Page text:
It is important to note that, while early neurorehabilitation after TBI is currently well-established in developed countries, it is not the case in Africa and, in particular, SSA.

A well-coordinated multidisciplinary team with input from a physical medicine and rehabilitation (PMR) consultant is required to provide hyperacute rehabilitation following TBI. Some of the goals of early multidisciplinary rehabilitation after TBI are highlighted in Table 1. Hyperacute rehabilitation is managed with regular multidisciplinary team meetings reviewing the patient’s goals and also meeting with the patients and families to help manage expectations, facilitate transitions through stages of recovery, and try to provide a reasonable picture of the recovery process [6, 30]. Some of the early rehabilitation strategies, like practising bed mobility, transferring to a chair, neuromuscular electrical stimulation, and ambulation [31], are all employed by the team to help prevent complications of immobility.

Despite growing evidence on the benefits of early neuro-rehabilitation of patients with moderate to severe TBI, it still remains unimplemented in most of Africa, especially Cameroon. As of today, only a few studies have investigated the effect of integrating rehabilitation into acute TBI care, most of which are in high-income countries [27]. However, some studies report a few barriers to early neurorehabilitation in TBI, including concerns about intracranial pressure (ICP), cerebral blood perfusion, and cerebral perfusion pressure, as well as organizational barriers like increased staff financial resources and concerns about the safety of the interventions for patients in the ICU [23]. In order to improve outcomes and reduce the tremendous burden TBI places on Africa, it is still crucial for Africa to lead the discussion on what kind of early neuro-rehabilitation model should be adopted for patients with TBI and at which stages of the care pathway. Most developed countries have early rehabilitation provisions and guidelines for moderate to severe TBI, with little relevance and applicability in low-income countries. There is a desperate need to develop and implement early neuro-rehabilitation guidelines and services for traumatic brain injury in LMICs, where the burden of TBI is most felt. This would reduce hospital lengths of stay and improve long-term outcomes, as previously reported.

The following issues may be the focus of a collective reflection in an effort to develop and implement guidelines for neurorehabilitation in TBI, from hyperacute to community settings in Africa:

The majority of mild traumatic brain injury patients are not admitted to the hospital, with a very small proportion admitted to neurosurgical wards for Glasgow Coma Scale (GCS) monitoring. These patients can be safely discharged with head injury advice and should be signposted to the community rehabilitation services if needed. Furthermore, several studies have reported long-term cognitive problems, as well as fatigue and headaches, in mild traumatic brain injuries [32, 33]. This is an indication that although mild TBI is not part of early neurorehabilitation after TBI, since most of them are discharged within 6 to 24 h, they still need to be followed up at the community levels to quickly detect and appropriately respond in case of any cognitive or psychiatric signs, which may greatly affect the quality of life.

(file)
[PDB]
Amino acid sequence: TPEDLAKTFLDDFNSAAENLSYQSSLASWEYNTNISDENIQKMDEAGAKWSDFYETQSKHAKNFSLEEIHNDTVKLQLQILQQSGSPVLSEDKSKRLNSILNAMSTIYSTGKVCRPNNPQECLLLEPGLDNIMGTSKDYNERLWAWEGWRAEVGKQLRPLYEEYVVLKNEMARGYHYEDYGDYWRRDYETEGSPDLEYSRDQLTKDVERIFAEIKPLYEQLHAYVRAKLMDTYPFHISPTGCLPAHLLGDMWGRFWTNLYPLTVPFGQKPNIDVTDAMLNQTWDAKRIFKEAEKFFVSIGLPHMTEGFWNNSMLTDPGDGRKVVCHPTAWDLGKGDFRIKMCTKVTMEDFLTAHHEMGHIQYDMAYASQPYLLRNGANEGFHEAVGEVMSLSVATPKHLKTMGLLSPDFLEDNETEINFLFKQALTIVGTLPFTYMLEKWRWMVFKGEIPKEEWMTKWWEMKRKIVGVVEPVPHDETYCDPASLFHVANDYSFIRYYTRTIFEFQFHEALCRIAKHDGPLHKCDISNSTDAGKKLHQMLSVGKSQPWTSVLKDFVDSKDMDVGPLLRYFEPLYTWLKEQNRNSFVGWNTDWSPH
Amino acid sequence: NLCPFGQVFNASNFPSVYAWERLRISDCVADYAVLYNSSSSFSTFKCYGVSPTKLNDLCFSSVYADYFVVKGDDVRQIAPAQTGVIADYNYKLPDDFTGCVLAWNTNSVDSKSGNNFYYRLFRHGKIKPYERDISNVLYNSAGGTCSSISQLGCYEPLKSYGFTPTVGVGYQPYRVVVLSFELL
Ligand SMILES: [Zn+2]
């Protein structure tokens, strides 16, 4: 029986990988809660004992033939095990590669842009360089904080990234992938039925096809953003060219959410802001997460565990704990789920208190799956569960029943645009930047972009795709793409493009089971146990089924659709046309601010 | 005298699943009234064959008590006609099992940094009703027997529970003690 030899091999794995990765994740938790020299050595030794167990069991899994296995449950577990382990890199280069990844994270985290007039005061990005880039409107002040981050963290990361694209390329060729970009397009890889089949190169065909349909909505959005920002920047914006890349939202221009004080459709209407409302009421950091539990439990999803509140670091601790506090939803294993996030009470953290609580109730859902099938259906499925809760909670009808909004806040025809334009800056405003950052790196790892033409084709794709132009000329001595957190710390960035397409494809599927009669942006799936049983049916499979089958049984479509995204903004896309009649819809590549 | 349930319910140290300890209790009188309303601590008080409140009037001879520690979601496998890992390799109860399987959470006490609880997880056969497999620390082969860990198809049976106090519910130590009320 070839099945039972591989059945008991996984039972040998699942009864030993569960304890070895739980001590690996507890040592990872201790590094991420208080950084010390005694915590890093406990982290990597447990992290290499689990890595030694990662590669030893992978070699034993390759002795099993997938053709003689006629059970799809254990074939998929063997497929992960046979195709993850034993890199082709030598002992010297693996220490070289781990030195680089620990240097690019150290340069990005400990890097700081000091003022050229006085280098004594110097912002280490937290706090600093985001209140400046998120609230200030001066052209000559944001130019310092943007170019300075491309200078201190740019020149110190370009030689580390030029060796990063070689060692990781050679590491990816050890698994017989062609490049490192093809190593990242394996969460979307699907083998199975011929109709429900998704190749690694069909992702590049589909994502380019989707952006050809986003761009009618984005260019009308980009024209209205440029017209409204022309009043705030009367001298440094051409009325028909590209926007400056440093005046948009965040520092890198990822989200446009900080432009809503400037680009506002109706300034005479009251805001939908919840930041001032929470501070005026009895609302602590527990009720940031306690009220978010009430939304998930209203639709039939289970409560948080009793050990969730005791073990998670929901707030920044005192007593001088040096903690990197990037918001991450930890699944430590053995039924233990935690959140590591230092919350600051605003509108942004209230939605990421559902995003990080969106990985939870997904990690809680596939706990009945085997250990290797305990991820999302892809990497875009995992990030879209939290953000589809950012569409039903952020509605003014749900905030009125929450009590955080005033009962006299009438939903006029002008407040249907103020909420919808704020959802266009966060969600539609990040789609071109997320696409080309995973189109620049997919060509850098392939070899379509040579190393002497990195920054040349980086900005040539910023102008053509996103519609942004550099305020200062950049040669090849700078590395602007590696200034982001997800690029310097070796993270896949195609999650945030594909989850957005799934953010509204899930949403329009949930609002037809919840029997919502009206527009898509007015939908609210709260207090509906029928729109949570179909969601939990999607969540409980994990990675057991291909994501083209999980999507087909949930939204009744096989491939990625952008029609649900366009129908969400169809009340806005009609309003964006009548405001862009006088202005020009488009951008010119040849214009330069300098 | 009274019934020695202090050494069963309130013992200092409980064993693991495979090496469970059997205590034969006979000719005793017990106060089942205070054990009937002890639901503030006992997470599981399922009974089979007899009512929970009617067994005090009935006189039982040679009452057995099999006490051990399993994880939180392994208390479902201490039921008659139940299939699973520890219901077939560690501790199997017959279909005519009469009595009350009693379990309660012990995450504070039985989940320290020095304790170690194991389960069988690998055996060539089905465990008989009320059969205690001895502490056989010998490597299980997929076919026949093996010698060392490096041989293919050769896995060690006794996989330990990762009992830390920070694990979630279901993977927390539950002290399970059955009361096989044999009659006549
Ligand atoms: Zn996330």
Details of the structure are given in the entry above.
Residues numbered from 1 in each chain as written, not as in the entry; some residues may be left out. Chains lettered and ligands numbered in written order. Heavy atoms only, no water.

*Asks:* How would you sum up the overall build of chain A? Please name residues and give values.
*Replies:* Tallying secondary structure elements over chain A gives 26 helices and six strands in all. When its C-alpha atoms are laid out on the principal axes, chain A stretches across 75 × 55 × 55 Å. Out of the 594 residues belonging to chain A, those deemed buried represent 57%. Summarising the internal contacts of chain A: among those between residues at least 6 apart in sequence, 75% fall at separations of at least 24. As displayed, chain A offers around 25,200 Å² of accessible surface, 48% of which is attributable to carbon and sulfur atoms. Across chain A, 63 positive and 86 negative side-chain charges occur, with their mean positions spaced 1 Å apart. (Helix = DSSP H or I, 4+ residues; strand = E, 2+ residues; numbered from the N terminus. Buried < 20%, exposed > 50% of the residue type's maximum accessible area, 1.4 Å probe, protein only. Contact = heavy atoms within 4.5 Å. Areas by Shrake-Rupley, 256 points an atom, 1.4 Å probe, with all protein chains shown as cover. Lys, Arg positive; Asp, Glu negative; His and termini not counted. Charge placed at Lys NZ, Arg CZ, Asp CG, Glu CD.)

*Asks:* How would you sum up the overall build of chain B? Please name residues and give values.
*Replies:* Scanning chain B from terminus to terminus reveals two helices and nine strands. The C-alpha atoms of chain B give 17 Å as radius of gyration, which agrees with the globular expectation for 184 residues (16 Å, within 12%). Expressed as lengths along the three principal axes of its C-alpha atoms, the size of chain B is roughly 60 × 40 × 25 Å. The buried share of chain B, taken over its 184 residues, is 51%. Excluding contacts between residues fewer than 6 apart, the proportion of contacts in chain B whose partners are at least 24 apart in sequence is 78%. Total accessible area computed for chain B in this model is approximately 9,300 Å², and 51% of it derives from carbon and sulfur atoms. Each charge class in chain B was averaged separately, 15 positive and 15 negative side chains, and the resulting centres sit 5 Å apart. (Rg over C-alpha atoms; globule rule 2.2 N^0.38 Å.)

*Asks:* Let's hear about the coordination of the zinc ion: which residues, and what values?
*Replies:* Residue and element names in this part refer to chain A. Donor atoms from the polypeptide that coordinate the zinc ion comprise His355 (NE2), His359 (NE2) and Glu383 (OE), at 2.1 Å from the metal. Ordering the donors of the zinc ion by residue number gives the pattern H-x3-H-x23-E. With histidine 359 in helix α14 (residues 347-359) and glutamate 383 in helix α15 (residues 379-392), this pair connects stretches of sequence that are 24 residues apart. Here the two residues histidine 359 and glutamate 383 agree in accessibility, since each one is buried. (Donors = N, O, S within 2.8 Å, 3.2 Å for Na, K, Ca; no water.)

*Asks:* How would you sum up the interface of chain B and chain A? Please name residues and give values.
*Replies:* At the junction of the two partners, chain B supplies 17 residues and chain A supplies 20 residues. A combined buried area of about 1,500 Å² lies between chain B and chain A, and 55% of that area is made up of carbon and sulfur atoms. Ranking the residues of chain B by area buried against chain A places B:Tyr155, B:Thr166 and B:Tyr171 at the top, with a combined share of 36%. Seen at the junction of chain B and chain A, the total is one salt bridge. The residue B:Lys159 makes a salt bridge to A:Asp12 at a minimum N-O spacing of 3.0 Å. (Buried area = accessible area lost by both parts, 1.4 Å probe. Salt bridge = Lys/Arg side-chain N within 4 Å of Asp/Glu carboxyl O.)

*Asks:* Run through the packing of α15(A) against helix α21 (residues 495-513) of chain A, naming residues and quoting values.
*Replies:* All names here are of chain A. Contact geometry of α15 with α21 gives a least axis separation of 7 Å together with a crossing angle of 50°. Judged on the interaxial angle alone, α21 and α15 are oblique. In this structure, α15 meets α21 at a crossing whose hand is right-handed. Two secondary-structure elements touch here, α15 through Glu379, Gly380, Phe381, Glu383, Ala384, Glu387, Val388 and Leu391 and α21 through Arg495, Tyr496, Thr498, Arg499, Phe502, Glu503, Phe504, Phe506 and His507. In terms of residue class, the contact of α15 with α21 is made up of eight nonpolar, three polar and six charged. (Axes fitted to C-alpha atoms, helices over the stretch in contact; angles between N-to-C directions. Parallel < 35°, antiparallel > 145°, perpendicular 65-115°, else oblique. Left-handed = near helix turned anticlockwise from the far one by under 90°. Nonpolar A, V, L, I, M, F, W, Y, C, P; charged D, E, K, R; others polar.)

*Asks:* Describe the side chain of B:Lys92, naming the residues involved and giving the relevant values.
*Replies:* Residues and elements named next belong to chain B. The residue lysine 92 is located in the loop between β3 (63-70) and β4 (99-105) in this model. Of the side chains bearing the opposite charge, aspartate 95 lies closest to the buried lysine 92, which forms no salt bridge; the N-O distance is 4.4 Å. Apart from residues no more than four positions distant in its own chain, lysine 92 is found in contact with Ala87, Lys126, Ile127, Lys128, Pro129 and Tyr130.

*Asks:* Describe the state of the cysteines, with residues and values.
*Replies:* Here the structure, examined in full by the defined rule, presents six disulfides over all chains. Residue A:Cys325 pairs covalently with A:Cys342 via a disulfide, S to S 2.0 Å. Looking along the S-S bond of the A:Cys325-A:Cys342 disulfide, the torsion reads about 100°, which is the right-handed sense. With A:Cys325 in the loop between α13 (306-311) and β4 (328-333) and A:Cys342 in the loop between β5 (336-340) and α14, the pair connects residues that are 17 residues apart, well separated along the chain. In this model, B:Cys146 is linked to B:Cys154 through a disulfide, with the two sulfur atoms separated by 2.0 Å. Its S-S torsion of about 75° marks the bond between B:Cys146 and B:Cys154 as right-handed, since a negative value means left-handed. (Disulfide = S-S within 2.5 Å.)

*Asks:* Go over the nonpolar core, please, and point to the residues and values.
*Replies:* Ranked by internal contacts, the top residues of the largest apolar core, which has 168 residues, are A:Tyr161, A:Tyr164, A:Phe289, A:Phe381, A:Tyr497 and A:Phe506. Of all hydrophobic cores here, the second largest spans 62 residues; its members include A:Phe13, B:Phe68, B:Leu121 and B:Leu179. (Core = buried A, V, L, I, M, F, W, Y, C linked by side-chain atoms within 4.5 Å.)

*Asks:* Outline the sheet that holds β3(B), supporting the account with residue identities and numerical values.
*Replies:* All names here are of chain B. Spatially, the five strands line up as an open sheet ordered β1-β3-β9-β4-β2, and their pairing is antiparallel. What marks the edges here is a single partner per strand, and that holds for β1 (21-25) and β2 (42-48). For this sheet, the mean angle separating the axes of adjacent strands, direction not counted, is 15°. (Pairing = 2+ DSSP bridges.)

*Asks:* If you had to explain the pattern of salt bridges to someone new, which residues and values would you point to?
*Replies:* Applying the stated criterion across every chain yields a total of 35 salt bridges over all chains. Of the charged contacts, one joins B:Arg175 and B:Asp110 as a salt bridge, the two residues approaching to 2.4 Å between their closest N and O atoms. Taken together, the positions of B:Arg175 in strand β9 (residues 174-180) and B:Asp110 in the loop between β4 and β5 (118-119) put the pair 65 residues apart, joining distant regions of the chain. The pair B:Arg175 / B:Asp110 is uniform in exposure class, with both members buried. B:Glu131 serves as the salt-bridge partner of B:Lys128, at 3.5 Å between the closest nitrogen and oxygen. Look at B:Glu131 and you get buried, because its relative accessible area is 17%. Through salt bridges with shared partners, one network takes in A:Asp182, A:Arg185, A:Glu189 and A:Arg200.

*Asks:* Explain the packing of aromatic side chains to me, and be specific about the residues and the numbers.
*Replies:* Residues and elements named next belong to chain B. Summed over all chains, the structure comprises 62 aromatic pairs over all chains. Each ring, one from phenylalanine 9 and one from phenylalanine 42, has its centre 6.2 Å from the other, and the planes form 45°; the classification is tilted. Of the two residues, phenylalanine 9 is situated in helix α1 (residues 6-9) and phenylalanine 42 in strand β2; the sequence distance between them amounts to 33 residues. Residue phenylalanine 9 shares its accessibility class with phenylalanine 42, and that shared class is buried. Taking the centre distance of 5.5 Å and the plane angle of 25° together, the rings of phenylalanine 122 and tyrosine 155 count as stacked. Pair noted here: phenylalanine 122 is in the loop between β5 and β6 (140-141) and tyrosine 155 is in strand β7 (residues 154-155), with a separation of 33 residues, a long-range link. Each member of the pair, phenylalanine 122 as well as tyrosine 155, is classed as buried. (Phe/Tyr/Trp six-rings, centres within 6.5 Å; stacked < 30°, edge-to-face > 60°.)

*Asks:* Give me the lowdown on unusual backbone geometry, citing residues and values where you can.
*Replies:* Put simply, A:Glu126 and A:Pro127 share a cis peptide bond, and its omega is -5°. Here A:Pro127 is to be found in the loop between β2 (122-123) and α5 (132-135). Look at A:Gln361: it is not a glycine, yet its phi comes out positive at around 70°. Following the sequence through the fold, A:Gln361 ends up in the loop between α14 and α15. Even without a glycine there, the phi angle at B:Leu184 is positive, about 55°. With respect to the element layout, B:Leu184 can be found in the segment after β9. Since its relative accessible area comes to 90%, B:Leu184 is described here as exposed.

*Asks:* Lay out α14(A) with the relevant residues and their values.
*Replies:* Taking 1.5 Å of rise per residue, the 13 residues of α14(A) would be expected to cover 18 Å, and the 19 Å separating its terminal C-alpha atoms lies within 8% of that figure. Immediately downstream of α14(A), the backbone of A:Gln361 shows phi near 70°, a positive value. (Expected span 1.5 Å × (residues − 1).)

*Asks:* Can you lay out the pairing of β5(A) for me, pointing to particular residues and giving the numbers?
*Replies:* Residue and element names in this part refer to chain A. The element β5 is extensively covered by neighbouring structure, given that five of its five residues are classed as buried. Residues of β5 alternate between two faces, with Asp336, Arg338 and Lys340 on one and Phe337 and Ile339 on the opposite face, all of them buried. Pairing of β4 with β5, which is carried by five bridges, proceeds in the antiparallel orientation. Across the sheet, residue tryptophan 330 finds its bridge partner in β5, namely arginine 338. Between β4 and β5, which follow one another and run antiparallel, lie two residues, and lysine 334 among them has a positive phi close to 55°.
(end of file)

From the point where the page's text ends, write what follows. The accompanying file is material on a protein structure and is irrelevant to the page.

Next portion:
On the other hand, individuals with moderate to severe TBI are admitted to the neurological critical care units and should be considered for early inpatient neuro-rehabilitation during their acute hospital stay. Moderate and severe TBIs are most likely to leave cognitive or functional sequelae, which may be ameliorated or prevented if adequate and timely neuro-rehabilitation services are implemented [12].

Immobilization poses serious consequences on the functional and psychological health of patients [34, 35]. Moderate to severe TBI patients often have relatively long periods of immobilization as some spend considerable stay at intensive care units and hospitalizations. The time point in recommending early rehabilitation services in hospitalizations or intensive care units still constitutes a point of diverse opinions among health practitioners, with great disparities between HICs and LMICs. For instance, in the study of Kreitzer et al. [24] in the USA, 98% of respondents (physicians, physical therapists, and senior nurses) from various hospitals recommended early neuro-rehabilitation (bed mobilization, transfers from bed to chair, ambulation) services for severe TBI patients at the reanimation. Contrarily to a prospective cohort study conducted in a central African country (Cameroon) by Buh et al., 2023, accepted), no early neurorehabilitation services were recommended for moderate to severe TBI patients in hospitals and in intensive care units, even though some severe TBI patients stayed as long as months in the intensive care unit. Furthermore, no neurorehabilitation team exists in any of the hospitals in Cameroon, contrary to the United States of America (USA), the United Kingdom (UK), and Europe, where well-established neurorehabilitation teams are part of the intensive care unit and manage TBI patients from a very early stage. Therefore, every patient with moderate to severe TBI should be assessed by the multidisciplinary team during the acute phase. While the ICP is being monitored and is labile, a regular review by the multidisciplinary team should still happen.